On March 31, a public forum on Long Beach West was hosted by Protect Our Environment of Stratford at . This is the fourth story in a series.
Two members of the Connecticut Audubon Society sitting in the audience then added their voices to the continuing discussion over the future of Long Beach West.
The Audubon’s Sandy Breslin, Director of Governmental Affairs, congratulated the town “for having achieved a conservation success at Long Beach West. I just want to thank you and to say that Audubon is very proud to have been a small part of that success.”
She noted that bringing federal stimulus money was key to the restoration effort including removal of the cottages. “It is really gratifying to see that it was carried out successfully,” she said, adding, “The Audubon is ready and willing to offer our expertise” as the town moves forward in the process. She also praised Mayor John Harkins for ‘hitting the nail on the head’ regarding his comment that Long Beach West can be “an asset for people and for wildlife.”
A second Audubon spokesman, Patrick Comins, Director of Bird Conservation, noted that “it’s been wonderful working with the town on a project that can now be enjoyed by people” safely, adding that prior to the restoration that Long Beach West “wasn’t safe for the birds, either.
“We are seeing a solution that is best for the birds and the people,” Comins continued, adding that the Audubon Society has “a volunteer program to help manage beach areas,” if the town is interested in utilizing them. He also invited town residents to join the beach ambassador program. “All you have to do is to not step on the nests.”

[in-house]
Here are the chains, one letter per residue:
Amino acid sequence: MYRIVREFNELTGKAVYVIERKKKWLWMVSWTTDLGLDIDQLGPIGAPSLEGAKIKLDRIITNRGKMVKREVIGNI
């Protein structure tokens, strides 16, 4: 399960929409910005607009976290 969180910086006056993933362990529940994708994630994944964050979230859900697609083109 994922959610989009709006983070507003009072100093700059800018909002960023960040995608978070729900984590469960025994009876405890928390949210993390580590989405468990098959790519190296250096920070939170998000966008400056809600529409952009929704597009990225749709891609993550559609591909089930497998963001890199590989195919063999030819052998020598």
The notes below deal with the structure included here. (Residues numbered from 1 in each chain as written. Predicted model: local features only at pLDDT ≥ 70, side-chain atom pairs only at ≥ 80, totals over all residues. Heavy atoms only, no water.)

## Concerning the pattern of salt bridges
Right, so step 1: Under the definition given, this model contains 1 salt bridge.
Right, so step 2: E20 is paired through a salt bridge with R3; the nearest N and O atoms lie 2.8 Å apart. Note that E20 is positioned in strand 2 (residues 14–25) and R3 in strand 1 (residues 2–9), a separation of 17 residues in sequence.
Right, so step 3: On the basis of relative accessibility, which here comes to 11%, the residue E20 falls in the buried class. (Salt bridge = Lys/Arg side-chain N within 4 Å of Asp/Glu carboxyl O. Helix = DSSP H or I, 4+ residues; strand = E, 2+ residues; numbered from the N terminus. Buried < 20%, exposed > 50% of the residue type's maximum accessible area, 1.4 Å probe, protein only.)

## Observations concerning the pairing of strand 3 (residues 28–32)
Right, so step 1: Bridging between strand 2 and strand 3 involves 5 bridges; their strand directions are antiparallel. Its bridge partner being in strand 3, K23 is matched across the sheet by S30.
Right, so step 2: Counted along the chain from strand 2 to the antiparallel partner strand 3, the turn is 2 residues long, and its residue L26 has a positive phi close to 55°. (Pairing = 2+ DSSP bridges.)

Regarding the persistent question of whether or not the federal Fish & Wildlife Service would be interested in acquiring Long Beach West from the town, Comins said, “It’s impossible to say at this point.” The issue is closely related to the Stewart B. McKinney Wildlife Refuge, one unit of which is located adjacent to Long Beach West in the Great Meadows in Stratford.
He noted that there is a comprehensive conservation planning process for each acquisition that includes outlining the resource, gauging public reaction and access. Among the questions asked when the service is considers areas to be acquired, are: “What areas should be acquired?” and, “What areas can be protected without acquiring?”
“We are all going to have an opportunity to have input in that planning process,” he said.
Then it was the turn of a resident who said “I have lived here for 40 years and I say keep control in the town of Stratford” in order to preserve the rights of citizens to have access.
She was critical of the construction company’s timing of the roadway that was built to gain access to tear down the cottages on Long Beach West. “Why do it over the summer?” she asked. “Don’t give up that control to anybody,” adding, “I trust the mayor. But I think the problem is you already have all these people with their hands in the pie … When you have money, you have control.”
Resident George Mulligan then asked, “What is to stop a future mayor from doing something to expand the airport?”
Mayor John Harkins noted that such decisions would have to be taken up by the Town Council.
Afterward, Mulligan, a self-proclaimed conspiracy believer and regular speaker at local town meetings, noted in an email to local editors that he believes that the town of Stratford and City of Bridgeport may at some time in the future swap the airport for Long Beach West.
Mulligan said that Stratford would benefit in that it would be better able to develop the greater airport area, including the adjacent U.S. Army plant site. Meanwhile, Bridgeport would have easier access to city-owned Pleasure Beach located adjacent to Stratford-owned Long Beach West, he noted.
On Tuesday, our fifth and final installment.